Analysis of the print media included the portrayal of women and men; how female figures are hypersexualised while male figures are positioned to show that they are in control, in a position of power,and assertive. Workshop participants stated that the rise of societal expectations leads to mental health issues since many people are feeling pressured to be something they are not.

Women are portrayed as less authoritative, less capable and less serious than men- Renee Laiviera

Highlighted were the news and current affairs programmes as the most followed information sources. Gender balance was observed in newscasters on a given week. On the contrary, women in local current affairs and discussion programmes are heavily under-represented. However, in local broadcasting , women are present in the so-called ‘lighter’ programmes relating to cuisine and home economics.

The hypersexualised and passive portrayal of women in online media, especially on social media, was also discussed with a focus on how women are more likely to write derogatory comments on other women’s posts than men on online platforms rather than in real life, mainly due to the possibility of anonymity in the former.

In order to counter similar discrimination on the media, the NCPE reviews local newspapers on a daily basis for any such advertisements, as defined by Chapter 456 of the Laws of Malta that safeguards equality in employment and prohibits discriminatory vacancy adverts.

Where discriminatory adverts are identified, the NCPE formally notifies the publisher and suggests alternative wording and actions to be taken. The public and other stakeholders are encouraged to inform the NCPE of discriminatory adverts so that the necessary action can be taken. It is important to note that the number of discriminatory adverts decreased drastically over the past years. In 2020, three discriminatory adverts were identified compared with 43 in 2017.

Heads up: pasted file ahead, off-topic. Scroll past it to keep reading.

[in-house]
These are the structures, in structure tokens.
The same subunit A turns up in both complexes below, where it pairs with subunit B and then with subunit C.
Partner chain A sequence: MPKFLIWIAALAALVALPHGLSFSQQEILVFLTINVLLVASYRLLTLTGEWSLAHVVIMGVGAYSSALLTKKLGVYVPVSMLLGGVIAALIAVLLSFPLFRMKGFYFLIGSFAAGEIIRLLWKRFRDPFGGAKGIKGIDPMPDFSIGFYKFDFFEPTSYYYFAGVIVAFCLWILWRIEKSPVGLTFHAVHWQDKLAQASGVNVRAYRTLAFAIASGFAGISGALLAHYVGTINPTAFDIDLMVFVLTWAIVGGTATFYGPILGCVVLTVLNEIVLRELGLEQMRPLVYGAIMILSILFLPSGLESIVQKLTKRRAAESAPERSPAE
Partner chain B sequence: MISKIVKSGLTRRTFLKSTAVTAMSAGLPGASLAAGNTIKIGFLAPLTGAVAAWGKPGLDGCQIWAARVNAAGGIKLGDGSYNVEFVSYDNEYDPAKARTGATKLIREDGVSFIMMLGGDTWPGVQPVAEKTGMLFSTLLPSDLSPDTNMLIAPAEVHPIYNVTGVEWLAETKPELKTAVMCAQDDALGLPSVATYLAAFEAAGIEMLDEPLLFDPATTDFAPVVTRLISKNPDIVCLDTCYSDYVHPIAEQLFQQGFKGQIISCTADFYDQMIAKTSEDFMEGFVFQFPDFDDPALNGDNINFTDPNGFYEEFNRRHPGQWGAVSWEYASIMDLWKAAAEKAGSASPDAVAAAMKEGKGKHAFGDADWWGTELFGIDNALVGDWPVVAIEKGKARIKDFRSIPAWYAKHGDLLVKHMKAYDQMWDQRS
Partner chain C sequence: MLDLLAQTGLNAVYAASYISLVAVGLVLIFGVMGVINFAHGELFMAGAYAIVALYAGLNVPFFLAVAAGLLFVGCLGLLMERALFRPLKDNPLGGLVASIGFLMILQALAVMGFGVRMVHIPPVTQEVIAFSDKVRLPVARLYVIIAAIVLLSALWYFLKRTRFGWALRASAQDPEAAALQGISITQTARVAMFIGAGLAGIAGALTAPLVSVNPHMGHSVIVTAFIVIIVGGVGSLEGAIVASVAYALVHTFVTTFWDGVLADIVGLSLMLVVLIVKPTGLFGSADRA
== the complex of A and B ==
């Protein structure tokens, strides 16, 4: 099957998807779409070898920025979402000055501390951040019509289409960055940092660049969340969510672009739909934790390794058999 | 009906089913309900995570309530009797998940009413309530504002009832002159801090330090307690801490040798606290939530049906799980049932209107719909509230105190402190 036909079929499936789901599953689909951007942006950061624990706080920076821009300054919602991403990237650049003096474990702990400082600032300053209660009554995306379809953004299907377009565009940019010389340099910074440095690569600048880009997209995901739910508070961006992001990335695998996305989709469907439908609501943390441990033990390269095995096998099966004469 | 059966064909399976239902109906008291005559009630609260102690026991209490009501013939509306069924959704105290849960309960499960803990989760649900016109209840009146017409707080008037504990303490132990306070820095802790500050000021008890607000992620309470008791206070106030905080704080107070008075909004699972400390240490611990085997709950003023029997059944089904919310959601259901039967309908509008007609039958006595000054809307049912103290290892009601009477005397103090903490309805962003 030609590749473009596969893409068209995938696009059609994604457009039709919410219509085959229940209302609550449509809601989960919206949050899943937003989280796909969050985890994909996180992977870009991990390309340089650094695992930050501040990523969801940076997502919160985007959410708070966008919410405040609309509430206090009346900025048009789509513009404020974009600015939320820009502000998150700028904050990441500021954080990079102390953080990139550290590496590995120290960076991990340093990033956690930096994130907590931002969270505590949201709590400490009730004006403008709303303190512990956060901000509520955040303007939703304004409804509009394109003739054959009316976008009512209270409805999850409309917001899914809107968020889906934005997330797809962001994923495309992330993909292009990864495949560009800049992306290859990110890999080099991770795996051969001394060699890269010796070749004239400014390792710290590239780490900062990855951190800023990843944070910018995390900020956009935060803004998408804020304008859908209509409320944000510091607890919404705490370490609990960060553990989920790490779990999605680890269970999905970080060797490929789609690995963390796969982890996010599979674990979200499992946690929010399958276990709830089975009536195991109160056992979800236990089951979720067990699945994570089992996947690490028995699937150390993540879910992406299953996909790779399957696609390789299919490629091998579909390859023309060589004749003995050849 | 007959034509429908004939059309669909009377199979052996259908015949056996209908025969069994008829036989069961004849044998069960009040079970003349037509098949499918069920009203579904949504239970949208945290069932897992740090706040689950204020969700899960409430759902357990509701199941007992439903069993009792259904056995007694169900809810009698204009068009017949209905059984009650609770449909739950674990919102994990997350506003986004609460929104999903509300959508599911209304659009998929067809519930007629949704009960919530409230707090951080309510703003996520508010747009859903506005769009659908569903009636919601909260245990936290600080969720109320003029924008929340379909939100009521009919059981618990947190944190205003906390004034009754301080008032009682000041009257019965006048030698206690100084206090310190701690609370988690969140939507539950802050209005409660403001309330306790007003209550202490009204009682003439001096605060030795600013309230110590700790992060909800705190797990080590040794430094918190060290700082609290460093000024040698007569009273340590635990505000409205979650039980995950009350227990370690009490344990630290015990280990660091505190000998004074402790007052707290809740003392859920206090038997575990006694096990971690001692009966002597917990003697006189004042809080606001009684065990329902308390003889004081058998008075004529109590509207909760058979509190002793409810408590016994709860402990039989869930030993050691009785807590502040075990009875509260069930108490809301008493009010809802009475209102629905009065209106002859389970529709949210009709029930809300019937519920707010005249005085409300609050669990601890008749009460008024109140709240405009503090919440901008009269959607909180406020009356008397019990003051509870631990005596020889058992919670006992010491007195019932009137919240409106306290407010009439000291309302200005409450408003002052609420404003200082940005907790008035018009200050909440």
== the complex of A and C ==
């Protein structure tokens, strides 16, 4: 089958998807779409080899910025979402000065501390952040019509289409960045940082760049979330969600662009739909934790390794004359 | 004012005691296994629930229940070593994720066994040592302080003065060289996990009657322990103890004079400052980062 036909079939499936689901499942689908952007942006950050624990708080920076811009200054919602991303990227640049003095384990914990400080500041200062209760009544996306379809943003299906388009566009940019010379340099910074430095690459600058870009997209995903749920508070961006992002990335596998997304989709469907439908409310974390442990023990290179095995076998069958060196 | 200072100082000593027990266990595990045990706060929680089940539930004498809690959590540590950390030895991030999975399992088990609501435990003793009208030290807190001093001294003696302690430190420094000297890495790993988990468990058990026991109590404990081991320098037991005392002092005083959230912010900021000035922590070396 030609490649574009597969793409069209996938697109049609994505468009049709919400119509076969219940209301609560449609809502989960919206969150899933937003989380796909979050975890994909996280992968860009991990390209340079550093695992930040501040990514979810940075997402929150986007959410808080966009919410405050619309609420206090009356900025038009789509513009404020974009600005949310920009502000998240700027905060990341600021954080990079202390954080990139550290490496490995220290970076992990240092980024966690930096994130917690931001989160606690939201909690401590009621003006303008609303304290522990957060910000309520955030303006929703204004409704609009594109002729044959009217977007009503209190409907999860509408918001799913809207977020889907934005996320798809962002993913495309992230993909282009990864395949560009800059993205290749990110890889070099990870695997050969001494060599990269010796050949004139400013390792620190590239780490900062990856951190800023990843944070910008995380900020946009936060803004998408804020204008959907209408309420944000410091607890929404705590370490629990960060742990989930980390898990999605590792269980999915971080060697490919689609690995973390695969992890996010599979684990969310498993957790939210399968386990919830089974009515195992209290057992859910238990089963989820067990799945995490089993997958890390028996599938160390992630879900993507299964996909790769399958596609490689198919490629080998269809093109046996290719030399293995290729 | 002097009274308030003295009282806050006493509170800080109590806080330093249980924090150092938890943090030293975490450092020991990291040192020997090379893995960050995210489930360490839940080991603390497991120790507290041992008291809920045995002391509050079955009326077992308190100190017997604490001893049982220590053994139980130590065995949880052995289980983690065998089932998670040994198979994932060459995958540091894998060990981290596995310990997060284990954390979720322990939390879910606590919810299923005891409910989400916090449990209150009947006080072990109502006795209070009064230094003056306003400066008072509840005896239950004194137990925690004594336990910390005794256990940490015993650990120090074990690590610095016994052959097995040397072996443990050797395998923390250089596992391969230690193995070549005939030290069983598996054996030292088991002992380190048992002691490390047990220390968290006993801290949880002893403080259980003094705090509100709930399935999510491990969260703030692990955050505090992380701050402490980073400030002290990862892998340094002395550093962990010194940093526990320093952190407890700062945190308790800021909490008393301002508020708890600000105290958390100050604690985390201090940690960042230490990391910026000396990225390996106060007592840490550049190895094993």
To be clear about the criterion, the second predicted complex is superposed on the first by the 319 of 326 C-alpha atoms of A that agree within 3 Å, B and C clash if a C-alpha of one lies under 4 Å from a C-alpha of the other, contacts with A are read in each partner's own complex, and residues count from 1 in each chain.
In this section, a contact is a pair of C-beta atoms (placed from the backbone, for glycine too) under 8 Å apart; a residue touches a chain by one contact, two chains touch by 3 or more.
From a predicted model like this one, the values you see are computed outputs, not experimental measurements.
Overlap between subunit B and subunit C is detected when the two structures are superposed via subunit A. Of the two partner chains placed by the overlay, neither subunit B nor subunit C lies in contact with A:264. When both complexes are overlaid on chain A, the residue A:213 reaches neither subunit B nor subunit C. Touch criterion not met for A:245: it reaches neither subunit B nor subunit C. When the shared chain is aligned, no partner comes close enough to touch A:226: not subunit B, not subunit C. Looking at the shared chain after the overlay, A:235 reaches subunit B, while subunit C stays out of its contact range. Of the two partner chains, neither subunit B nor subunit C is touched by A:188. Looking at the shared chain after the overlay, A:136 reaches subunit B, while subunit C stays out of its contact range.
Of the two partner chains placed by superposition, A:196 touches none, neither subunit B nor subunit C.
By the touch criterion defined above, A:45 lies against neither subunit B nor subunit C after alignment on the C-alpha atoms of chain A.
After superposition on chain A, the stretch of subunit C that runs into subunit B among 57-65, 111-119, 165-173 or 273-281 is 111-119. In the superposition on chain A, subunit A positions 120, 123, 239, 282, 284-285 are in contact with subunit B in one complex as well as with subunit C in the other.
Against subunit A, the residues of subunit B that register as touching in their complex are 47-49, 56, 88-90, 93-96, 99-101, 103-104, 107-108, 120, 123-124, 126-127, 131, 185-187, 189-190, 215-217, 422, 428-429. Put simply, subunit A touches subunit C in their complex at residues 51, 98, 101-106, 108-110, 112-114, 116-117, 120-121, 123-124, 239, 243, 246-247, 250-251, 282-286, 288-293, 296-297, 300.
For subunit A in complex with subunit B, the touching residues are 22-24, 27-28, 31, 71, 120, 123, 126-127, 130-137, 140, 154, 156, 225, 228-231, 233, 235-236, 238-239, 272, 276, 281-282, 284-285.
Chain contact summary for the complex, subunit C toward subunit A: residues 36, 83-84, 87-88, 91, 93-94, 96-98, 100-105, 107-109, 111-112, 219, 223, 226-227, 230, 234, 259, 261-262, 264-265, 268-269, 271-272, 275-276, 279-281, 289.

The NCPE also raises awareness about rights and obligations in relation to equality through various initiatives such as research, awareness-raising campaigns and policy review and recommendations. In 2020, the NCPE provided its input from an equality perspective to a bill amending the Broadcasting Act, Chapter 350 of the Laws of Malta. Moreover, training sessions are also offered on request to organisations on issues related to equality, including stereotypes.

In April 2021, the NCPE published a newsletter titled ‘Equality in the Media’. The newsletter addressed the current legislation in Malta, stereotypes in the media, cyber violence, the NCPE’s role as the national equality body and recommendations on how the media can promote diversity.

The media is a powerful tool that shapes opinions and influences social values. In this regard, all media organisations have a great responsibility to ensure that fair treatment must also focus on gender, age, race and ethnic origin, religion and belief, sexual orientation, gender identity, gender expression or sex characteristics.

The National Commission for the Promotion of Equality (NCPE) can be contacted on 2295 7850, via equality@gov.mt or on its Facebook page.